EXPECTATIONS: Set during the Troubles in Northern Ireland, this looks like either an incredibly bleak political thriller or an incredibly bleak political romance. Either way, it looks bleak and political. But, you know, in a good way.
REALITY: Following the trend set by last year's Tinker Tailor Soldier Spy, Shadow Dancer combines the spy thriller with the kitchen-sink drama to compelling effect. Dynamics between Irish revolutionaries, professional spies and family members are all handled in an incredibly realistic and down-to-Earth way as the lines between those groups get blurred and morality becomes confusing.
At the heart of the story is IRA operative and single mother Collette McVeigh (Andrea Riseborough) who balances her time between caring for her son and carrying out acts of terrorism for her brothers Gerry (Aidan Gillen) and Connor (Domhnall Gleeson). After a botched attempt at a bombing on the London Underground, Collette ends up as an informant for an MI5 agent known only as Mac (Clive Owen). Intrigue ensues as Colette falls under the suspicion of crazy IRA enforcer Kevin Mulville (David Wilmot) who will stop at nothing to root out informants. Mac must battle against self-defeating levels of secrecy in his own organisation to help her.
There are no clear-cut good guys and bad guys in this film, just people doing the best they can to get out of a bad situation. Mac may seem heroic at times, especially when he is doing everything he can to save Collette from Kevin, but you have to remember that it's a situation he put her in. But then you have to remember that it's a situation she brought on herself through what she does. But then you have to remember that she's in it for her family. Well, it's not a simple situation however you look at it, and when what happens happens (I don't want to spoil it), you're going to be left feeling very conflicted until you've had some time to reflect on the whole thing.
Urban camouflage in action!
The most stunning thing about this film is its cast. Andrea Riseborough may be a Geordie, but her Northern Irish accent is spot on - or so I'm informed by those with an ear for such things - and she embodies this character so fully that you're never going to doubt her. Aidan Gillen's star is most definitely on the rise. He played the villain in Jason Statham's recent working-for-scale vehicle Blitz and he appeared in the prologue for The Dark Knight Rises, so he's now a face people are going to start recognising. Here he shows an incredible range of emotions. Yes, he's a menacing presence, but he is also a caring brother, son and uncle. In one very moving scene, he gives his nephew a new bike for his birthday and obsesses over him testing its safety, all the while knowing that his brother and sister are under suspicion from Mulville.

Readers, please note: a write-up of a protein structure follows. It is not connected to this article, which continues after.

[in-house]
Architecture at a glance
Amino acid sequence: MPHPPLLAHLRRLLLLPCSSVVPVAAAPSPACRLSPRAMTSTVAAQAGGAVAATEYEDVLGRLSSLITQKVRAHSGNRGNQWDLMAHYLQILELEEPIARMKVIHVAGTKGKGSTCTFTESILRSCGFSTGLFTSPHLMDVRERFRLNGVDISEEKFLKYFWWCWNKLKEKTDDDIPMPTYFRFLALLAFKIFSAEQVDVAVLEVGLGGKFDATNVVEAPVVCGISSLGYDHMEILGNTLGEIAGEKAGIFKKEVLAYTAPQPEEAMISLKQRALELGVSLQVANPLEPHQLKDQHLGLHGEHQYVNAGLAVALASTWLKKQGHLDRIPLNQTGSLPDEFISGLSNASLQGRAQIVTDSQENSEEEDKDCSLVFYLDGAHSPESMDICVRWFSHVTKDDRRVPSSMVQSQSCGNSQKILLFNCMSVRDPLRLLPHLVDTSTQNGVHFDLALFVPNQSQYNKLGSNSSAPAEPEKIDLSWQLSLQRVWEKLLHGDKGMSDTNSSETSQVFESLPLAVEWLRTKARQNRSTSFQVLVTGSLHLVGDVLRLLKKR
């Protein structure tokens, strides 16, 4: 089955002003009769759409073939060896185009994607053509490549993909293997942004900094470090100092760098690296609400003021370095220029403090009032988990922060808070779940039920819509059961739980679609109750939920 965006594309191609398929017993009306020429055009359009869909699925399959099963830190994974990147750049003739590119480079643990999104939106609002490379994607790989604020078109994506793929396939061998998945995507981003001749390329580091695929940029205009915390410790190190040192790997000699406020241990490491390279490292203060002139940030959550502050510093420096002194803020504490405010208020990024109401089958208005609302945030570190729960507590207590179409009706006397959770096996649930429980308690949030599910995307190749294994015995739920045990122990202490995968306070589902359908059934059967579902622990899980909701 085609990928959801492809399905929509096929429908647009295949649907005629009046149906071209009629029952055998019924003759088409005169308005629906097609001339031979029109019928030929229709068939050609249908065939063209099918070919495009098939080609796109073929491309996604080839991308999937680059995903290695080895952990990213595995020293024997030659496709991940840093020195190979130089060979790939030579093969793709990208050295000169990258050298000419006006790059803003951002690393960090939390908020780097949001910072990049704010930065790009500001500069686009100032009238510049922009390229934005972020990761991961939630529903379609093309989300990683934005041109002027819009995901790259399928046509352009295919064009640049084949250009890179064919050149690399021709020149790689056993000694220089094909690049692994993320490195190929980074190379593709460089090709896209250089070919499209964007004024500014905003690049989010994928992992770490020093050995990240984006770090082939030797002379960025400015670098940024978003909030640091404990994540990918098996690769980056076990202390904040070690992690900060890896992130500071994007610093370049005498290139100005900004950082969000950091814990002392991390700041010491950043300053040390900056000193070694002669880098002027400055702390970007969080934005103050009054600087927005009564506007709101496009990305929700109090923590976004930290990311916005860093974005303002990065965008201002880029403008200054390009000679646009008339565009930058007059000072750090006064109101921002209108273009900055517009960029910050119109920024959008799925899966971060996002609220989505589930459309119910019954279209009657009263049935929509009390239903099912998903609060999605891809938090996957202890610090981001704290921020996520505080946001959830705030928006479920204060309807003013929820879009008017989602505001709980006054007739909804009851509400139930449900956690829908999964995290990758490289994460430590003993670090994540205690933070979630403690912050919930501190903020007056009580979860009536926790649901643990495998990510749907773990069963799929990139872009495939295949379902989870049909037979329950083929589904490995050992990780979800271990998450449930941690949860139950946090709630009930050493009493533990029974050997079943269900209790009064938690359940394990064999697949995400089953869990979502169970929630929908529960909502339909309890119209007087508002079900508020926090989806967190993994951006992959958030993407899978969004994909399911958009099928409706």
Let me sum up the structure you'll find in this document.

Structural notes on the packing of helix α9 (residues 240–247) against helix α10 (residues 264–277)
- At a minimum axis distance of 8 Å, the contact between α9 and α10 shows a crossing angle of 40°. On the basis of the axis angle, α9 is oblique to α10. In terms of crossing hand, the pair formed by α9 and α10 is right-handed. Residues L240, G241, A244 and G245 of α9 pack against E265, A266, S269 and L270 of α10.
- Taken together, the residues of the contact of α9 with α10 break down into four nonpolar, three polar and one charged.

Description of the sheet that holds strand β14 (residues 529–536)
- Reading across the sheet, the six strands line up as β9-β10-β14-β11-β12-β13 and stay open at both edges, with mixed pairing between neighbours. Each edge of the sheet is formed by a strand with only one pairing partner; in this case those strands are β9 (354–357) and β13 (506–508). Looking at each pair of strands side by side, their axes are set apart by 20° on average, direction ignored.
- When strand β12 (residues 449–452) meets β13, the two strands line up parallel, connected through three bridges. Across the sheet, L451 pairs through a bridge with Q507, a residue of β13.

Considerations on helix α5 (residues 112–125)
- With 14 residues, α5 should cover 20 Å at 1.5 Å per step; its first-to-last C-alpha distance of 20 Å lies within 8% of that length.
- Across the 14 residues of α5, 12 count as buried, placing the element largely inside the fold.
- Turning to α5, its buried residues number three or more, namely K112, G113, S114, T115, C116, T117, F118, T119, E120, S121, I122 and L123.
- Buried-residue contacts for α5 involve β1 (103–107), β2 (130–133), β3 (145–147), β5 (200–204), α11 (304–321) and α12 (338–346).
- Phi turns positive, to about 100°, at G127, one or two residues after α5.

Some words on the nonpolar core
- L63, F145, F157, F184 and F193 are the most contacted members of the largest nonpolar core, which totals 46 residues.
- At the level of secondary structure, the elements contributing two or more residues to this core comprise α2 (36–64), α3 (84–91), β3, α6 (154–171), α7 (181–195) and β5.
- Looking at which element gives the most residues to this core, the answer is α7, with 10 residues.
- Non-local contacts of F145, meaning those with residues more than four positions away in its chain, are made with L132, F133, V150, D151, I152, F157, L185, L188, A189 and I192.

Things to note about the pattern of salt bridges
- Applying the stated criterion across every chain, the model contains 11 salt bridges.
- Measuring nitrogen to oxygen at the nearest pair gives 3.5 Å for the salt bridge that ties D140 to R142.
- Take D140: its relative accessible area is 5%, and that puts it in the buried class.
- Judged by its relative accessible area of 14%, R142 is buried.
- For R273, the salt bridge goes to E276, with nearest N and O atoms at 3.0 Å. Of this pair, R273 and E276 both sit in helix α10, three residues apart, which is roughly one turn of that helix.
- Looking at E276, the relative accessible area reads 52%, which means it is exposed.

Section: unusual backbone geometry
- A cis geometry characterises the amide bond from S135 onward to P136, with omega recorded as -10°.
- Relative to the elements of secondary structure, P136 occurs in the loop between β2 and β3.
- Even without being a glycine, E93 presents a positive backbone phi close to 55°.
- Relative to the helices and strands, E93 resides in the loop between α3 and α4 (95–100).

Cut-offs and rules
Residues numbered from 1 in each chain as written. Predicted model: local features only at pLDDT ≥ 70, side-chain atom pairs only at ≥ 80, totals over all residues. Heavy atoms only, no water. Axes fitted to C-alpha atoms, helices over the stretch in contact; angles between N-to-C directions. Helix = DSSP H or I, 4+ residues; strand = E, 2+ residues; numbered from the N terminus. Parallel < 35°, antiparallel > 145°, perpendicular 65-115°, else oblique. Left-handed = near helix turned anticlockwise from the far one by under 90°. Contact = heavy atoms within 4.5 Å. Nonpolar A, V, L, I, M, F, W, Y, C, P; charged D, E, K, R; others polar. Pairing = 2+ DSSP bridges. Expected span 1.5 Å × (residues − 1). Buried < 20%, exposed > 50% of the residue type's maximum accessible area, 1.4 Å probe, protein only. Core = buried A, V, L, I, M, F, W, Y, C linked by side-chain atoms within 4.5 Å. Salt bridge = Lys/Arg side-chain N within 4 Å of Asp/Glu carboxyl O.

Clive Owen adds some real star power to the proceedings and, while he isn't the kind of fully immersive character performer that Riseborough or Gillen are, he does have that leading man presence that really works for this role when he's running around trying to learn the truth from his boss Kate Fletcher (Gillian Anderson). His character is a lot like the Benedict Cumberbatch character from Tinker Tailor Soldier Spy, trying to do the right thing but always being part of the problem anyway. I also find it reassuring that he is a paunchy guy with skinny arms who still manages to be considered a handsome movie star.
Shadow Dancer is going to be a film that finds its audience if it ever makes its way across to the United States, but it won't be a huge one. Who in America cares that much about the Troubles in Northern Ireland? Sure, there's plenty of interest in spy thrillers, but this is hardly going to out-perform Skyfall, is it? If you liked Tinker Tailor Soldier Spy then this is definitely one to keep an eye out for. If you liked The Wind that Shakes the Barley then you'll find plenty of interest here. It's not quite as good as either of those, but it is very good in its own right.
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Something Awful reviews the latest films in a straightforward (for SA) manner.